Healthcare workers who volunteer in medical missions in far-flung corners of the world see public health as a global instead of a national concern. Many of these healthcare professionals (HCPs) belong to developed, high-income nations, offering their services for free in middle- and low-income countries.
These volunteers are usually guided by protocols that ensure safe, productive, and smooth medical missions, particularly in conflict areas. Without such protocols, volunteers, their beneficiaries, and partners achieve successful medical outreach programs despite the immense logistical and security challenges that such activities typically entail.
For students and healthcare professionals who both desire to conduct medical missions in local communities, there are several ways on how they can work together. Here are some of the collaborative ways that they can explore:
Establish alliance with local organizations
No medical outreach program can be safe, fruitful, and hassle-free without the support of local organizations. These entities serve as the liaison arm between the benefactors and the local community, which serves as the beneficiary.
Among the assistance that local organizations offer to students and HCPs conducting medical missions is locating the place for the activity, which is typically the safest area that is most accessible to both benefactors and beneficiaries. Additionally, the former can provide or arrange for accommodations and security detail of the contingent throughout the conduct of the medical mission. These are all vital requirements that can ensure the success of the entire activity.
Partner with suppliers
Both collaborators could pitch in to find suppliers who could sponsor or offer discounted medical items and other supplies needed for the medical mission. Supplies such as high-quality medical vacuum pumps, surgical equipment, portable cots or beds, and the like are essential items to bring in most medical outreach.
If the program will last for weeks or months and target a sizeable chunk of the local community, then it’s critical to affordable, yet hospital-quality supplies. Both the healthcare professionals and volunteer students could scout for suppliers who can satisfy the two requirements.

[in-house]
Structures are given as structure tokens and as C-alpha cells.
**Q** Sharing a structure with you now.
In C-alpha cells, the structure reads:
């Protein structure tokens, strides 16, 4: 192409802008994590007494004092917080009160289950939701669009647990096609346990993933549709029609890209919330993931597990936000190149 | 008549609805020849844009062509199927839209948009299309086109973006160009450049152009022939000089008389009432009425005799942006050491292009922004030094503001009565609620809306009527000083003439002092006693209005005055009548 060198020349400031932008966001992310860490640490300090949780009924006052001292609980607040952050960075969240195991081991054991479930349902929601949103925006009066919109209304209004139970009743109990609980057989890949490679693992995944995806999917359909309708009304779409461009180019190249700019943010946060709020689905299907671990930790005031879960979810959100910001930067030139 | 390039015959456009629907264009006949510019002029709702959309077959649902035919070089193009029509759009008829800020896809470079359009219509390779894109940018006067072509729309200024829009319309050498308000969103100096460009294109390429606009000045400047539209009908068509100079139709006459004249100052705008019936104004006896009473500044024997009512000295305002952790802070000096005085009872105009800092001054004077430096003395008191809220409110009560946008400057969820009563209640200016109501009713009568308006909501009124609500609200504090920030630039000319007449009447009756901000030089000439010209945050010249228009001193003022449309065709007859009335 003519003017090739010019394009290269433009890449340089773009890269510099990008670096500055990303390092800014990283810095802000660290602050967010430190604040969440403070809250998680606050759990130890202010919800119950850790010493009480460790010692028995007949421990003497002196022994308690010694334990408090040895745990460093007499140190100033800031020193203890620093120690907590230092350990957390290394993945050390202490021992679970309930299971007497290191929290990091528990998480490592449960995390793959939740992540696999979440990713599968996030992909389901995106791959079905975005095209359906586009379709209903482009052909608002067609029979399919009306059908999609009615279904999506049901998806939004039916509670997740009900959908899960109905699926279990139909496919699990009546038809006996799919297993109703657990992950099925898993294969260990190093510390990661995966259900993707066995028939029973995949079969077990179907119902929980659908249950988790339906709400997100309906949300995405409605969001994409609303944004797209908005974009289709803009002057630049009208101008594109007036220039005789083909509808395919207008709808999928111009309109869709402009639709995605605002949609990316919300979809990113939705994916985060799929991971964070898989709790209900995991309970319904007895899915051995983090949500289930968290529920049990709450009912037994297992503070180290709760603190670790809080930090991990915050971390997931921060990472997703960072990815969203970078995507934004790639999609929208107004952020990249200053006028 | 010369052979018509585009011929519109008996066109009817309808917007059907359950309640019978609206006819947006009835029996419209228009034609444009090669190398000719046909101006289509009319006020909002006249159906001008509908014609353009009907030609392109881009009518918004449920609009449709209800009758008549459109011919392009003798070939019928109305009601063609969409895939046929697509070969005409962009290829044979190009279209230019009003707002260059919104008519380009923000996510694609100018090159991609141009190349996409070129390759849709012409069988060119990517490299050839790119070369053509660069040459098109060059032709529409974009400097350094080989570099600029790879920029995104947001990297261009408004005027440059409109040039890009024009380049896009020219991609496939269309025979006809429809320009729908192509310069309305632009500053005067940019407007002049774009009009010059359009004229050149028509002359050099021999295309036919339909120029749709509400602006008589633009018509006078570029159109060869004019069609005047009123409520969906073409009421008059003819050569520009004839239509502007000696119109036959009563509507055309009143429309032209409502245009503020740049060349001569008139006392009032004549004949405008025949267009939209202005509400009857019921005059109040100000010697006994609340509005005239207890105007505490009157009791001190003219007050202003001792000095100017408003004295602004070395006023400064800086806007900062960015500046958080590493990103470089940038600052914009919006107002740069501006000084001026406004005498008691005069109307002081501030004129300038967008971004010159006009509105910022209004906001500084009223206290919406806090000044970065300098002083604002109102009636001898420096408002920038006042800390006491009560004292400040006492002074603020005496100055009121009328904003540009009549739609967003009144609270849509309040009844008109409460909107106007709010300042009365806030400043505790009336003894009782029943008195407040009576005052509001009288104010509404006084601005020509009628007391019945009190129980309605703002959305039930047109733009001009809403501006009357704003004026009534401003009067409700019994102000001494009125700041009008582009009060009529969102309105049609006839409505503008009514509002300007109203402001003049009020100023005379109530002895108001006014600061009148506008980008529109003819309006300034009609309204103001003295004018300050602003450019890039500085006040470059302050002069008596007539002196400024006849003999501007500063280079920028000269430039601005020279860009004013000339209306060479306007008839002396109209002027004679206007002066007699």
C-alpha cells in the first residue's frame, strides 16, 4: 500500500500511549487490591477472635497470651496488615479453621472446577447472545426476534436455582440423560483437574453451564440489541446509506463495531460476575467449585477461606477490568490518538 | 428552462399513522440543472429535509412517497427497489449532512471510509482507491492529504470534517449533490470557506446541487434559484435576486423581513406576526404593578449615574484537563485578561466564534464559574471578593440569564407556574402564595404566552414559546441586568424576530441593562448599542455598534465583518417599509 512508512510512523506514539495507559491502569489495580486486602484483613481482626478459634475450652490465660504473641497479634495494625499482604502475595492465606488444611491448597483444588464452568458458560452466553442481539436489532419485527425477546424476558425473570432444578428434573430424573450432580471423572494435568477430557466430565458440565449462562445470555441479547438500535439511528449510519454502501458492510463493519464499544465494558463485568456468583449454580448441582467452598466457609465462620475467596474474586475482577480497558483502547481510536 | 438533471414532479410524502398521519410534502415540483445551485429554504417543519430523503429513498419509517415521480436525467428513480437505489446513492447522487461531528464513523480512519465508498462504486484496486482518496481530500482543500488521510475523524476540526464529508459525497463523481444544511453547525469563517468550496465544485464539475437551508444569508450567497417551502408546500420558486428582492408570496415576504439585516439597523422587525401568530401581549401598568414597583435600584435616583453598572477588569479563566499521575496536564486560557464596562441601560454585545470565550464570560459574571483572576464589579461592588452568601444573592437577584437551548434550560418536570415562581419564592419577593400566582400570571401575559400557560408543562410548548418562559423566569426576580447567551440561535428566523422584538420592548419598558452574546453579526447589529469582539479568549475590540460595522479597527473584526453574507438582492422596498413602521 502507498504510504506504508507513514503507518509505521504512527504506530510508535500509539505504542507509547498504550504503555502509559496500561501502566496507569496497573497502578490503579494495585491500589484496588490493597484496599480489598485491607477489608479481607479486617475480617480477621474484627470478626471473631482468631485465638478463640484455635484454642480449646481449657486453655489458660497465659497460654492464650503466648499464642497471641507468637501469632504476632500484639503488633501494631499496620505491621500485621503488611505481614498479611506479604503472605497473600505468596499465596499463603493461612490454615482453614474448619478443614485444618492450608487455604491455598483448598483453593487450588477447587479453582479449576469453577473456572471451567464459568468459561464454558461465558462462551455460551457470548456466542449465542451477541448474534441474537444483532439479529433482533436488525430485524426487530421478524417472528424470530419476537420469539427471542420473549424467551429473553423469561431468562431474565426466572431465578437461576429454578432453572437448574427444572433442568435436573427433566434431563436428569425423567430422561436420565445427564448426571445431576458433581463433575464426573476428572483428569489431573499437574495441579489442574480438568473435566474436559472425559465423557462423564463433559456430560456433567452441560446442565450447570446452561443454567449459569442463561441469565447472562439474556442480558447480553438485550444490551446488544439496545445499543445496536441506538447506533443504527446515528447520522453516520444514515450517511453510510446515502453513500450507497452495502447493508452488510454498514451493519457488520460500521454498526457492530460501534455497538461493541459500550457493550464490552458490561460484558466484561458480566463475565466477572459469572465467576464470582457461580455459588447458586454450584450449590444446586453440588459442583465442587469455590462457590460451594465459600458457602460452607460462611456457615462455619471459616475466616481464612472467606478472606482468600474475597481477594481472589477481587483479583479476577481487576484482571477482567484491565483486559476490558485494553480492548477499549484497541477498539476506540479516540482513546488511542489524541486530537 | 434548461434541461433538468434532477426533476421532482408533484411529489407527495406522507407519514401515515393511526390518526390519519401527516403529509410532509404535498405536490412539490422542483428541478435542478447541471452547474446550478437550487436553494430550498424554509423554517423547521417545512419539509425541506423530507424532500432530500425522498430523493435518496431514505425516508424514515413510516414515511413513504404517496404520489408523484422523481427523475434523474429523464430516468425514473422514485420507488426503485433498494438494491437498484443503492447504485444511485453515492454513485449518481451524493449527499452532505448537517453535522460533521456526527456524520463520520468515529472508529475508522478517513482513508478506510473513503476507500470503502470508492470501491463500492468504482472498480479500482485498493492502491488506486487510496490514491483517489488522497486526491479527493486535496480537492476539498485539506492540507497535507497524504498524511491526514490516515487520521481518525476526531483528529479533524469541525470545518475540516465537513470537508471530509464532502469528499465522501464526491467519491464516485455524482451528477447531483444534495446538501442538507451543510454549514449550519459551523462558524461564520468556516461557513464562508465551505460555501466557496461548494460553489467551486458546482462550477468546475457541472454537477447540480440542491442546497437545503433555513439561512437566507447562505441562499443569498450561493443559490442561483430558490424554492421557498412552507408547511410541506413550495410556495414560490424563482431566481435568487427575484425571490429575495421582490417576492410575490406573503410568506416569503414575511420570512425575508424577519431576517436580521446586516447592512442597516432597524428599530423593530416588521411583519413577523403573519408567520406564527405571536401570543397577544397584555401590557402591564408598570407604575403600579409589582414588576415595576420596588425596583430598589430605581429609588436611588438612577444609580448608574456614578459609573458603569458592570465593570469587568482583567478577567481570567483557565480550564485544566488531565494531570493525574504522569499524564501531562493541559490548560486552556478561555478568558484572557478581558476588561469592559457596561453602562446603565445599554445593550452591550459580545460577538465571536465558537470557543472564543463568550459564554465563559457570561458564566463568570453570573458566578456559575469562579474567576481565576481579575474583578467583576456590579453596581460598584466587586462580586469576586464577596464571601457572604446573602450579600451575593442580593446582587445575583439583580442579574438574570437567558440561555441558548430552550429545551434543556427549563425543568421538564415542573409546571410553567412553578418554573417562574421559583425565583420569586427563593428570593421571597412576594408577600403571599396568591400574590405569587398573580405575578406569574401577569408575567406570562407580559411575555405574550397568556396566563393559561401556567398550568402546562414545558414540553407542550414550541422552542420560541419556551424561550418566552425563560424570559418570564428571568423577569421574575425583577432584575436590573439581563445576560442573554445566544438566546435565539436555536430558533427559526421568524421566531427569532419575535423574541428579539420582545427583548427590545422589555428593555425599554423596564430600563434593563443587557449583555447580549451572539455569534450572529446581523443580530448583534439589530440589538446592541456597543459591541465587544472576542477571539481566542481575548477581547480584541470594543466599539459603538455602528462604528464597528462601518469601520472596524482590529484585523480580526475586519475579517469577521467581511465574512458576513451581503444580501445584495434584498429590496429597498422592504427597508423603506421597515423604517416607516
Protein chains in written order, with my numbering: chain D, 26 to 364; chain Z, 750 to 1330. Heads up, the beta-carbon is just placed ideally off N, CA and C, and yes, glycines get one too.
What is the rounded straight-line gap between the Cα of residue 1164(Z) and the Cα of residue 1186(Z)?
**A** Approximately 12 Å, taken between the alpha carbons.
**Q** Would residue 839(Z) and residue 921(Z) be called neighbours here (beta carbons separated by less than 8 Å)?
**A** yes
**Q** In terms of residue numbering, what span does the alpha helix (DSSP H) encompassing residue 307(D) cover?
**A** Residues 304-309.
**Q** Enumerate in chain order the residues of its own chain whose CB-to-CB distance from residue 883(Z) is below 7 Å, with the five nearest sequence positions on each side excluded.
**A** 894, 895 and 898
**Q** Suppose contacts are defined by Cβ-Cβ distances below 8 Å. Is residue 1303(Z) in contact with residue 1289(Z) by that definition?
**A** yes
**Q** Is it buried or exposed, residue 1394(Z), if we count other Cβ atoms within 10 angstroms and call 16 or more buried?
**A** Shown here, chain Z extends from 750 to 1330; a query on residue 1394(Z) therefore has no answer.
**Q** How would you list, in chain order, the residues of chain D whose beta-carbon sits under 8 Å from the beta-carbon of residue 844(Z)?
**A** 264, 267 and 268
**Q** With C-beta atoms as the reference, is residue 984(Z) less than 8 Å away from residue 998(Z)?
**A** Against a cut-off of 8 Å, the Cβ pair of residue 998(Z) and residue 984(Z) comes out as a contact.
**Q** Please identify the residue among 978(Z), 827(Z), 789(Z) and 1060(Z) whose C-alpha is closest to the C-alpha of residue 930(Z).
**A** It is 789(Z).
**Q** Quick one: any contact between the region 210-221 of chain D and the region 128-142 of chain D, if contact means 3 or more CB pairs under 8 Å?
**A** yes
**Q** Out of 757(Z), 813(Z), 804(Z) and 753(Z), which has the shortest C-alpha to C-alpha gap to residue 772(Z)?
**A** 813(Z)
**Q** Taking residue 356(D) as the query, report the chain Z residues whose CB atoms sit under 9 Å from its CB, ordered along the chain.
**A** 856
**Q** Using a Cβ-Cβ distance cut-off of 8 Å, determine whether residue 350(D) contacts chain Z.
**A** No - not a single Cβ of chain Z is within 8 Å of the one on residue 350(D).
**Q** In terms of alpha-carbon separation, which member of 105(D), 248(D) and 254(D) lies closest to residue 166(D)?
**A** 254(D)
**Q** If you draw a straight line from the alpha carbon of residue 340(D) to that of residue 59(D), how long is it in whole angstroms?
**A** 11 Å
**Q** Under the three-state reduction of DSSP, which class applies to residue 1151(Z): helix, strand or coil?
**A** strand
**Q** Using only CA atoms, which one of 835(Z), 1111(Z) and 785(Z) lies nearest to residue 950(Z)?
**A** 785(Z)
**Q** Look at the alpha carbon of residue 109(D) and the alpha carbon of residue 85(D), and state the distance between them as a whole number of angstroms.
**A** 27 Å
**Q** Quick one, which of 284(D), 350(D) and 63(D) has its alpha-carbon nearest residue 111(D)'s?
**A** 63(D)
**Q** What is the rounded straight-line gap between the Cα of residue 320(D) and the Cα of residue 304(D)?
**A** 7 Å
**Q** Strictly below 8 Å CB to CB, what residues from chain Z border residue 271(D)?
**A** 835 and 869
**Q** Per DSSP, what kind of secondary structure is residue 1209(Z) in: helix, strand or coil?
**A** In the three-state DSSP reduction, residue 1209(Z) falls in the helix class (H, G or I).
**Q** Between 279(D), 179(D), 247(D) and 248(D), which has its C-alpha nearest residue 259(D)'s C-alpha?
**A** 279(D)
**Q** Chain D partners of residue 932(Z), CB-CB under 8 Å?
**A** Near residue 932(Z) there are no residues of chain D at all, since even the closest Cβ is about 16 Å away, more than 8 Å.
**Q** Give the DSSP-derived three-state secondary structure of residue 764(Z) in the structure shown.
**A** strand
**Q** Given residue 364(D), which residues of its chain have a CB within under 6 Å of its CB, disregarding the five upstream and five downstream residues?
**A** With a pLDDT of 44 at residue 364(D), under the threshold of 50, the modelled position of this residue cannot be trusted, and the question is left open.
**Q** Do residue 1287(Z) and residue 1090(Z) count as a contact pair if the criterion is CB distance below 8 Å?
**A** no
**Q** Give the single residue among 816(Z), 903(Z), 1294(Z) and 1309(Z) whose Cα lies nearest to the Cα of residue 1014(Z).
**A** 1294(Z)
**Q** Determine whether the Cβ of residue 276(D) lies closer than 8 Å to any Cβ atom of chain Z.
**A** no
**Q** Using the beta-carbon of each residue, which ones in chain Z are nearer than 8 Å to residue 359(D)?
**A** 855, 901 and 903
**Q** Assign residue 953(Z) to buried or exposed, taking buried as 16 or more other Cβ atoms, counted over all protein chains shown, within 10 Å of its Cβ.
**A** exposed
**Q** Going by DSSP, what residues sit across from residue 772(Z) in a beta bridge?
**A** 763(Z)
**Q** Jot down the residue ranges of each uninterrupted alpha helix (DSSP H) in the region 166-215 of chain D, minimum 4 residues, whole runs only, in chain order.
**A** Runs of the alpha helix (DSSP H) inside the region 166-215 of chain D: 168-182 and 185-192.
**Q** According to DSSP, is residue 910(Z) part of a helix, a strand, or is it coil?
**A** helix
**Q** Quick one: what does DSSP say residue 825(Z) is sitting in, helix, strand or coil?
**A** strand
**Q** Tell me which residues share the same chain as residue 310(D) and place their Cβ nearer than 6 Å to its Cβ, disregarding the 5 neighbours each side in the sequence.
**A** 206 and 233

Medical missions require plenty of leg work, administrative tasks, and other things that need manpower to complete. In cases of large outreach programs, it’s critical to efficiently use human resources to achieve the mission’s goals.
Even before the delegation sets foot in their target area, members should first conduct planning sessions where the workload can be divided among volunteers. Both parties should lay down the different tasks and activities included in the medical mission and then identify beforehand which members would take care of those tasks. This way, work should proceed as smoothly as possible throughout the activity since volunteers all know their respective duties and responsibilities.
Complement skills and knowledge
Aside from workload sharing, it’s important for them to list down the members of the delegation and to specify their respective specializations or skills. This will ensure that delegates would be assigned tasks commensurate to their skill set for optimal results.
Ideally, healthcare professionals should do all of the delicate tasks that are commonly reserved for licensed medical workers. Volunteer students, meanwhile, should be given non-sensitive chores that are obviously beyond their capabilities.
Aside from skills, collaborators should also share whatever resources they have. These resources may include funding, medical instruments, personal protective equipment, and the like. It’s understandable for either party to lack specific resources, which is why their respective resources must be properly shared between them.
Proper resource-sharing is vital in ensuring that the delegation would not lack in a particular resource but have too much on another. This is yet another aspect of the program that must be settled during the planning stage to have enough time to procure the needed resources. Identifying available resources late into the program will surely lead to logistical nightmares, something that both parties wouldn’t want to happen.
Students who wish to volunteer in medical missions should explore the possibility of negotiating with their partner healthcare professionals about the possibility of an internship. Both parties should discuss this option in coordination with the students’ university to ensure that the internship will be honored as such.
Among the well-known and highly-respected organizations that conduct medical missions abroad are Doctors Without Borders. Medical students who wish to partner with such organizations should learn everything they can about medical internships through medical missions in foreign countries. Not all groups engaged in international humanitarian efforts such as medical outreach programs are willing to or legally allowed to accept medical internships, so be sure to do your research before bringing up or exploring the idea.
By considering these points of collaboration, healthcare professionals and students alike should have a fruitful and meaningful experience with their medical missions in local communities.